Micro Waste collection logistics

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    12-Apr-2016

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Micro Waste collection logistics example

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Setting It Up: Basic ServicesWaste Collection

Waste collection and removal are serious health issues. A table summarizes themain collection systems. Criteria and design ofhandcartsfollows in a short summary.

Collection Systems

Source:Involving micro- and small enterprises in Municipal solid waste management: Guidelines for municipal managers. Hann, Hans Christiaan, Coad, Adrian, and Lardinois, Inge. 1998. International Training Center of the ILP, SKAT, WASTE. Turin, Italy. pp 90.

KEY POINTS CONCERNING MAIN COLLECTION SYSTEMS

SystemDescriptionAdvantagesDisadvantages

SHARED: Residents can bring out waste at any time

Dumping at designated locationResidents and other generators are required to dump their waste at a specified location or in a masonry enclosure.Low capital costsLoading the waste into trucks is slow and unhygienic. Waste is scattered around the collection point. Adjacent residents and shopkeepers protest about the smell and appearance.

Shared containerResidents and other generators put their waste inside a container which is emptied or removed.Low operating costsIf containers are not maintained they quickly corrode or are damaged. Adjacent residents complain about the smell and appearance.

INDIVIDUAL: The generators need a suitable container and must store the waste on their property until it is collected.

Block collectionCollector sounds horn or rings bell and waits at specified locations for residents to bring waste to the collection vehicle.Economical. Less waste on streets. No permanent container or storage to cause complaints.If all family members are out when collector comes, waste must be left outside for collection. It may be scattered by wind, animals and waste pickers.

Kerbside collectionWaste is left outside property in a container and picked up by passing vehicle, or swept up and collected by sweeper.Convenient. No permanent public storage.Waste that is left out may be scattered by wind, animals, children or waste pickers.If collection service is delayed, waste may not be collected or some time, causing considerable nuisance.

Door to door collectionWaste collector knocks on each door or rings doorbell and waits for waste to be brought out by resident.Convenient for resident. Little waste on street.Residents must be available to hand waste over. Not suitable for apartment buildings because of the amount of walking required.

Yard collectionCollection labourer enters property to remove waste.Very convenient for residents. No waste in street.The most expensive system, because of the walking involved. Cultural beliefs, security considerations or architectural styles may prevent labourers from entering properties.

Frequency of collection:Some communities are accustomed to a collection seven days a week, whilst other collection agencies are striving for just once each week. If fly breeding is to be controlled, the waste should be collected twice a week in hot climates. Other factors to consider are the odours caused by decomposition and the accumulated quantities. If residents are accustomed to daily collection it may not be politically feasible to reduce the frequency to twice a week.In some cities waste is collected on the day of rest (Sunday or Friday). Some collect waste at night, perhaps for cultural reasons or because of the weather or traffic congestion.

Handcarts and Small Collection Vehicles

Source:Involving micro- and small enterprises in Municipal solid waste management: Guidelines for municipal managers. Hann, Hans Christiaan, Coad, Adrian, and Lardinois, Inge. 1998. International Training Center of the ILP, SKAT, WASTE. Turin, Italy. pp 94-95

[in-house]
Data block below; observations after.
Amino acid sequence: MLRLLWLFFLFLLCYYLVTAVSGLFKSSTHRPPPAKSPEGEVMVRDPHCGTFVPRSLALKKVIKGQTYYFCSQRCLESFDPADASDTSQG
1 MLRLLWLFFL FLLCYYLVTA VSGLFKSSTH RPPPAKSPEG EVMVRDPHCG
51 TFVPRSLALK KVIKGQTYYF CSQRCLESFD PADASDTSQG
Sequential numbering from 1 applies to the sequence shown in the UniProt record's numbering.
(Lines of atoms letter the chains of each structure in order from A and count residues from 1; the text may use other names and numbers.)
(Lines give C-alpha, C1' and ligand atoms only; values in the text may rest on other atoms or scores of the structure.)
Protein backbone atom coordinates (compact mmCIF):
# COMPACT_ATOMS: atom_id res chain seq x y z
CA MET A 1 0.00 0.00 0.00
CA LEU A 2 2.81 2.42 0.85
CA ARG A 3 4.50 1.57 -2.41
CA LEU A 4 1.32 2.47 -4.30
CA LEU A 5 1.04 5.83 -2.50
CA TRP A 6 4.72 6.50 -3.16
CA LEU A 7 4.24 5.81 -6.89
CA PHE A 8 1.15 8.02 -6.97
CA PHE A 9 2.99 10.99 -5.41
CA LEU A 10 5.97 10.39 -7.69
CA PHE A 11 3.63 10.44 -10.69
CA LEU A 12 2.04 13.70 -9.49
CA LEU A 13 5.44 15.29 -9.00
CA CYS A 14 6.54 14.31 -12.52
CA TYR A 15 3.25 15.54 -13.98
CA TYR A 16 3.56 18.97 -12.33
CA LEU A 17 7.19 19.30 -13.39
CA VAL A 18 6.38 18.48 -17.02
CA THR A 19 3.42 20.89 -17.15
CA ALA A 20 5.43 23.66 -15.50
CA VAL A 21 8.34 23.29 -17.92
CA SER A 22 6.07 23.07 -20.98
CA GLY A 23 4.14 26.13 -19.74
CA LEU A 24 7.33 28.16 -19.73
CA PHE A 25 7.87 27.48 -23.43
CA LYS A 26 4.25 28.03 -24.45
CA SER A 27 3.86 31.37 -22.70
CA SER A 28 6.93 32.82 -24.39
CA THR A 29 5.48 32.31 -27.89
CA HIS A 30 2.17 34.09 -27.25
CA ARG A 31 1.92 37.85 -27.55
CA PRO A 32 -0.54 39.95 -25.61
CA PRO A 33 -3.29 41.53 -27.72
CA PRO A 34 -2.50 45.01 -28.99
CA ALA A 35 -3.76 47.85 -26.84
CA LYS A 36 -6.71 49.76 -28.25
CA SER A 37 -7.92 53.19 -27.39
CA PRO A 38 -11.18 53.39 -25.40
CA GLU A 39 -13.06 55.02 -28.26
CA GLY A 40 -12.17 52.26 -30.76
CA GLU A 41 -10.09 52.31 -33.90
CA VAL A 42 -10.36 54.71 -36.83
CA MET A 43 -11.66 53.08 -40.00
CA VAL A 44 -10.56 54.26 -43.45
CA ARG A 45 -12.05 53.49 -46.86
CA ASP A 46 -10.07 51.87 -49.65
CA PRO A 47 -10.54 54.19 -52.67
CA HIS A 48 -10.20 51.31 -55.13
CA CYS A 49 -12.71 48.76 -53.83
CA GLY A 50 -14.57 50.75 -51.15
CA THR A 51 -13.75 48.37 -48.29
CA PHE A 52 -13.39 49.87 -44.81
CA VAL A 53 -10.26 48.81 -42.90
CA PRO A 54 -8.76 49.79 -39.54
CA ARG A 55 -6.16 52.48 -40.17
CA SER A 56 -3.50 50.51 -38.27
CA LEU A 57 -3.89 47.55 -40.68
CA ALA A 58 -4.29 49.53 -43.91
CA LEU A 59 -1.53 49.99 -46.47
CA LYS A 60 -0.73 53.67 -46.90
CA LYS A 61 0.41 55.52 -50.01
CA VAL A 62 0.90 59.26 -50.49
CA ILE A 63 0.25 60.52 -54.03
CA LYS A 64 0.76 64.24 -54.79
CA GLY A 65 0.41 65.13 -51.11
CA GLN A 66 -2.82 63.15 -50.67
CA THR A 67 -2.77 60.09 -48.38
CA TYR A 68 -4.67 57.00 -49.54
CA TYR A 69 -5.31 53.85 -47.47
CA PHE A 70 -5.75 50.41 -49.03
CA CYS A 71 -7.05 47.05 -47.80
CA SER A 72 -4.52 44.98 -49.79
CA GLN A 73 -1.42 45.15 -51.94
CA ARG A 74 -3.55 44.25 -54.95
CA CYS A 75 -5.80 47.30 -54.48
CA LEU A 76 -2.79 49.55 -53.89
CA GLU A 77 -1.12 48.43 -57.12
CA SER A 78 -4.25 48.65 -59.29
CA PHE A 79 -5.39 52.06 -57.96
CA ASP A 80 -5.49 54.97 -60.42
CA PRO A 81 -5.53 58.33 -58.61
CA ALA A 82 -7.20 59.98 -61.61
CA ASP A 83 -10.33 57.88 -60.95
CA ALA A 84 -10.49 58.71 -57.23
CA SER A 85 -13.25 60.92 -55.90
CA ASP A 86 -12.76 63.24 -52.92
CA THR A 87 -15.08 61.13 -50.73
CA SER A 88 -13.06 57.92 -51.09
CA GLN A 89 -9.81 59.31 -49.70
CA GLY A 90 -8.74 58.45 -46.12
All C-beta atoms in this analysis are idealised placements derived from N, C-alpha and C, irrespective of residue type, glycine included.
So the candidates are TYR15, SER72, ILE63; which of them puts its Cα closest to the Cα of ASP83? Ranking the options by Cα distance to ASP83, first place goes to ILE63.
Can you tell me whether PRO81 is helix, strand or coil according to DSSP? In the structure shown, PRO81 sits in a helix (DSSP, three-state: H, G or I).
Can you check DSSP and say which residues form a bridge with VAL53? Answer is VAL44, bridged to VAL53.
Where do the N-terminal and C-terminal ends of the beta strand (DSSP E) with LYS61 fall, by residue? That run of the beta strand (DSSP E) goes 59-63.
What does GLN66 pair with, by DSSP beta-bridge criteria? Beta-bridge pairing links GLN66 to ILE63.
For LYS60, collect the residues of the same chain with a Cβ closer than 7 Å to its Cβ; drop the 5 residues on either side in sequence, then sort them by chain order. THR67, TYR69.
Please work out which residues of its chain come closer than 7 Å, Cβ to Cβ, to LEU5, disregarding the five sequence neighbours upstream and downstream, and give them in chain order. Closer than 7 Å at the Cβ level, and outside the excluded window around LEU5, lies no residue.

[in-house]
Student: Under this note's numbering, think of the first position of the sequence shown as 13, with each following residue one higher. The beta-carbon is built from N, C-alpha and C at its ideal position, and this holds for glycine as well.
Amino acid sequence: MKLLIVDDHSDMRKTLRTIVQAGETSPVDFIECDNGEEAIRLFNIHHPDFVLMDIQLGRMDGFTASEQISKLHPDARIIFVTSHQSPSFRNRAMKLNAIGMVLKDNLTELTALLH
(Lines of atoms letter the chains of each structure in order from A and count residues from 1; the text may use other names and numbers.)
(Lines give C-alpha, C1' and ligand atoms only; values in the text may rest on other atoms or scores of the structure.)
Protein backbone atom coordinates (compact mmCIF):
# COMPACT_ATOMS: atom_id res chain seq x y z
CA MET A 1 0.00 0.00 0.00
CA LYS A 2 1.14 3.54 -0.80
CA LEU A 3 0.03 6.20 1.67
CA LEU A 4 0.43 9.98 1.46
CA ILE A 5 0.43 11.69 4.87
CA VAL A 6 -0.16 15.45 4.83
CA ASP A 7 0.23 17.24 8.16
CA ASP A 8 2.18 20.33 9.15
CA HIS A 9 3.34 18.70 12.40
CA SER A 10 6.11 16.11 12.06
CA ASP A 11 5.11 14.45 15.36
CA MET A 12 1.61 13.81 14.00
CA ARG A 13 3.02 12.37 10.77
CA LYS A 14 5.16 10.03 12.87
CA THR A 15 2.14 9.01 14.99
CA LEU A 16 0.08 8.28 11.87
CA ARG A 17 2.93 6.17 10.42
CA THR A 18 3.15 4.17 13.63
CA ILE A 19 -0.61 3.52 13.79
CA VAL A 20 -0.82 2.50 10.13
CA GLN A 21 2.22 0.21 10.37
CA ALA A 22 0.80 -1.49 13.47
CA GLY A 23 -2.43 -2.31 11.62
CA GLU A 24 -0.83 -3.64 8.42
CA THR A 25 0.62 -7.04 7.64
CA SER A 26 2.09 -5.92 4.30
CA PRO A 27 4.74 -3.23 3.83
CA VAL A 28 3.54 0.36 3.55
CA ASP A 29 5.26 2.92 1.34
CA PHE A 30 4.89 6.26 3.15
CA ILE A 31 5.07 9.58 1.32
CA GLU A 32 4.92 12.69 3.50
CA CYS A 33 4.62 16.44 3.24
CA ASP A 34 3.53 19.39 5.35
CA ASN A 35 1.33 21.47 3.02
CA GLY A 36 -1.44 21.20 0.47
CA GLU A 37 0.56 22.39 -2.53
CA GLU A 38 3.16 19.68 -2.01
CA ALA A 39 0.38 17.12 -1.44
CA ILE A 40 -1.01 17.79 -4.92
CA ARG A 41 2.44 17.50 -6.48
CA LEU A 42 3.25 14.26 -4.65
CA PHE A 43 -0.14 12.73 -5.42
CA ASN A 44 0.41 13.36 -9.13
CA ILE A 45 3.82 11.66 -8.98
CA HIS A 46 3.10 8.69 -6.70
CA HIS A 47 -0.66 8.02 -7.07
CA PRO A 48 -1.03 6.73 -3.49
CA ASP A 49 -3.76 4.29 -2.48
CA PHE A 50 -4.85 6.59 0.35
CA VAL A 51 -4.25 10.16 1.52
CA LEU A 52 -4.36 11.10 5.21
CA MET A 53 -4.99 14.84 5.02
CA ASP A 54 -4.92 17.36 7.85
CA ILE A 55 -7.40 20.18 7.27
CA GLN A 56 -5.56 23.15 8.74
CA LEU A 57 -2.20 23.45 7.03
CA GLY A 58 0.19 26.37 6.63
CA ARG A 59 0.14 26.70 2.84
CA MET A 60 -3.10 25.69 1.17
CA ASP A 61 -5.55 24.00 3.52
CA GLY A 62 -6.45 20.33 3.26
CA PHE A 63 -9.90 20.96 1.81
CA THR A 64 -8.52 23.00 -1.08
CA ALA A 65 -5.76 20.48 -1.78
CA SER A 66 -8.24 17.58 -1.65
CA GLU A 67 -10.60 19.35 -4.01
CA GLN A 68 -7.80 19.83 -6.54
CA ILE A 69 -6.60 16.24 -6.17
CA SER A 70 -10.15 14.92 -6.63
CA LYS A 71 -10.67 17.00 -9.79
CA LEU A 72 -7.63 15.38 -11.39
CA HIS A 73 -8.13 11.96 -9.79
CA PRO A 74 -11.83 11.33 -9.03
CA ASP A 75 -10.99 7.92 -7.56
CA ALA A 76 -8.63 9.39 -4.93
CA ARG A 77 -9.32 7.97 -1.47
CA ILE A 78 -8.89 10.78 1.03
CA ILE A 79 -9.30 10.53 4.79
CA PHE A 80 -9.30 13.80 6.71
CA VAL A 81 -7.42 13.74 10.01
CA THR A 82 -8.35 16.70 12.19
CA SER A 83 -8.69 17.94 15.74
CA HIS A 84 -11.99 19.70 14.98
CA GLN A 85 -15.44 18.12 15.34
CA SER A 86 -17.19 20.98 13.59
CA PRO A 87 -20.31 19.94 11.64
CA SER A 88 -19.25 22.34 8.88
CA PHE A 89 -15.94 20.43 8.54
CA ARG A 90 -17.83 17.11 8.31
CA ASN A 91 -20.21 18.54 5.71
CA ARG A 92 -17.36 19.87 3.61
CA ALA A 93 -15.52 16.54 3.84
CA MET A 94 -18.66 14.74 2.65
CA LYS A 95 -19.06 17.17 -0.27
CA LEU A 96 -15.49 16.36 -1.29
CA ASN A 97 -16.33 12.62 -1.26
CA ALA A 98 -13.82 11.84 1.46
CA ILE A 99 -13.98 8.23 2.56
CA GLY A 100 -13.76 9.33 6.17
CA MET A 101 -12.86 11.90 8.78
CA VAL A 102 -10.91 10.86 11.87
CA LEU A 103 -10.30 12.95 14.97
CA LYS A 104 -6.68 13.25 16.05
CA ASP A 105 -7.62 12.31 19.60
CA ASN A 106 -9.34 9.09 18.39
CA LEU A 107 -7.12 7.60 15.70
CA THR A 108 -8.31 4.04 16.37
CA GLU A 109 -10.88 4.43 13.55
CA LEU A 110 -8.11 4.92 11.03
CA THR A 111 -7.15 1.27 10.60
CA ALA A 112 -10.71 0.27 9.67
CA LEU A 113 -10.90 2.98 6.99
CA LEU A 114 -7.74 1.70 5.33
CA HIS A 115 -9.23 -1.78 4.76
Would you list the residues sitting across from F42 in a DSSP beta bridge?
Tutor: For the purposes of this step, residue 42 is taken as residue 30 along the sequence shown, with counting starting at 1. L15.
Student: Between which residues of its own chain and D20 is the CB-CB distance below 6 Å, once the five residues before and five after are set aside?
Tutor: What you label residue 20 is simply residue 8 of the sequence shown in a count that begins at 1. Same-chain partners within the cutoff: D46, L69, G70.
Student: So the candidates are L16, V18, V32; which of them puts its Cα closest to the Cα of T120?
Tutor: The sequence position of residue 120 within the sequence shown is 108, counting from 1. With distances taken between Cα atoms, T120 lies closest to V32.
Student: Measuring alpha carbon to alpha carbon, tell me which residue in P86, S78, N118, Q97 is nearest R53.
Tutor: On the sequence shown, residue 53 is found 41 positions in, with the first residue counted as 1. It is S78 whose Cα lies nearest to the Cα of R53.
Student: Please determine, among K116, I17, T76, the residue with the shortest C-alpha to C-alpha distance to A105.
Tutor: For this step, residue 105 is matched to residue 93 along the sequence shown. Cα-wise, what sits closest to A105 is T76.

Three common types ofprimary collection vehiclesare: the handcart which is pushed by the operator as he walks along.- very limited capacity in terms of volume and capacity- carries 0.25 to 1 cu.m. with a maximum range of 1 km- very cheap- operated by one person the pedal tricycle with a tray or box in front of or behind the operator.- loads up to 1.5 cu.m.- range greater because of higher speed when empty- lifetime about 2 years- no negative impact on environment animal-drawn cats, often pulled by donkeys.- common around the world; until recently Cairo Municipality used donkey carts- carry up to 1.5 cu.m. and range of up to 7 km.- cost of feeding and caring for animals added factor- negative impact on environment is excretaSimple, motor powered vehicles should be considered where longer distances require larger payloads and higher speeds, or where slopes are based on small motorbikes.A wide variety oftrucksare used for collection. Factors to consider in selecting include: the weight of waste that the truck can actually carry cost of purchase and operation, including fuel and maintenance delays in obtaining spare parts suitability of the vehicle for the local roads considering width, congestion, and surface conditions ease of loading and unloadingNote: Use same make and models as in other sectors.Criteria for design of handcartsHow much to carry?If material is required to be moved over 500 meters, it will be preferable to minimize the unproductive travelling time and maximize load. A labourer can push 150 kg of waste in a well-designed and maintained cart.If the cart is used for street sweepings, it is appropriate for the capacity to be less because:- the waste takes more time to collect so it may not be possible to collect the full 150 kg during the day.- there may be community storage containers at frequent intervals so that it is not necessary to carry the waste over a long distance.How is the waste transferred:Too often one sees labourers tipping the contents of their carts onto the ground and then scooping the waste up into another container for transfer. This practice is inefficient (wasting time), unhealthy (forcing the labourer to touch or have close contact with waste), polluting (often some of the waste is left on the ground or is scattered by the wind).There are two simple ways of avoiding this problem:- use a split-level site so that waste can be tipped directly from the cart into the bulk container.- containerize the refuse in a number of bins that are small enough so that they can be lifted and tipped into the bulk container.General design features:- The size of the bins should be large enough that big items of waste cannot bridge across the rim and prevent the efficient utilization of the bins capacity.- Bins that are rectangular may be difficult to pack if the dimensions of large items are larger than the smaller horizontal dimension of the bin.- Square and rectangular bins may be easily deformed and develop dangerous jagged projections at the corners.- Bins that are circular do not fit together well, considerable space is lost between bins.- Wheels:- Number: If the cart has only two wheels, the operator is always required to apply a lifting force, adding to fatigue and possible back injuries. At least three wheels are suggested. But carts with three wheels may roll by themselves if left on sloping ground. Four wheels make the cart more stable allowing easier crossing of a hole in the road.- Size: Large wheels are better on rough surfaces, and, with poor bearings, cause less rolling resistance. However, larger wheels are heavier and more expensive, and may obstruct the removal of containers.- Contact surface: A wide rim is necessary on soft ground. A contact surface - pneumatic tire or solid rubber tire - reduces the difficulty of pushing on stony or rough ground, but - Bearings: Simple journal bearings are rarely lubricated as they should be. Ball or roller bearings are more expensive and must be protected from dust.- Durability: Bicycle wheels are generally not strong enough for this kind of duty. Motor cycle wheels have proved well suited, but they are likely to be more expensive.Note: It is important to design and specify all items of equipment carefully - even simple equipment such as brooms, other tools, and carts. These items are used in large numbers and so the impact or a more efficient design or durable design can be very significant in economic terms.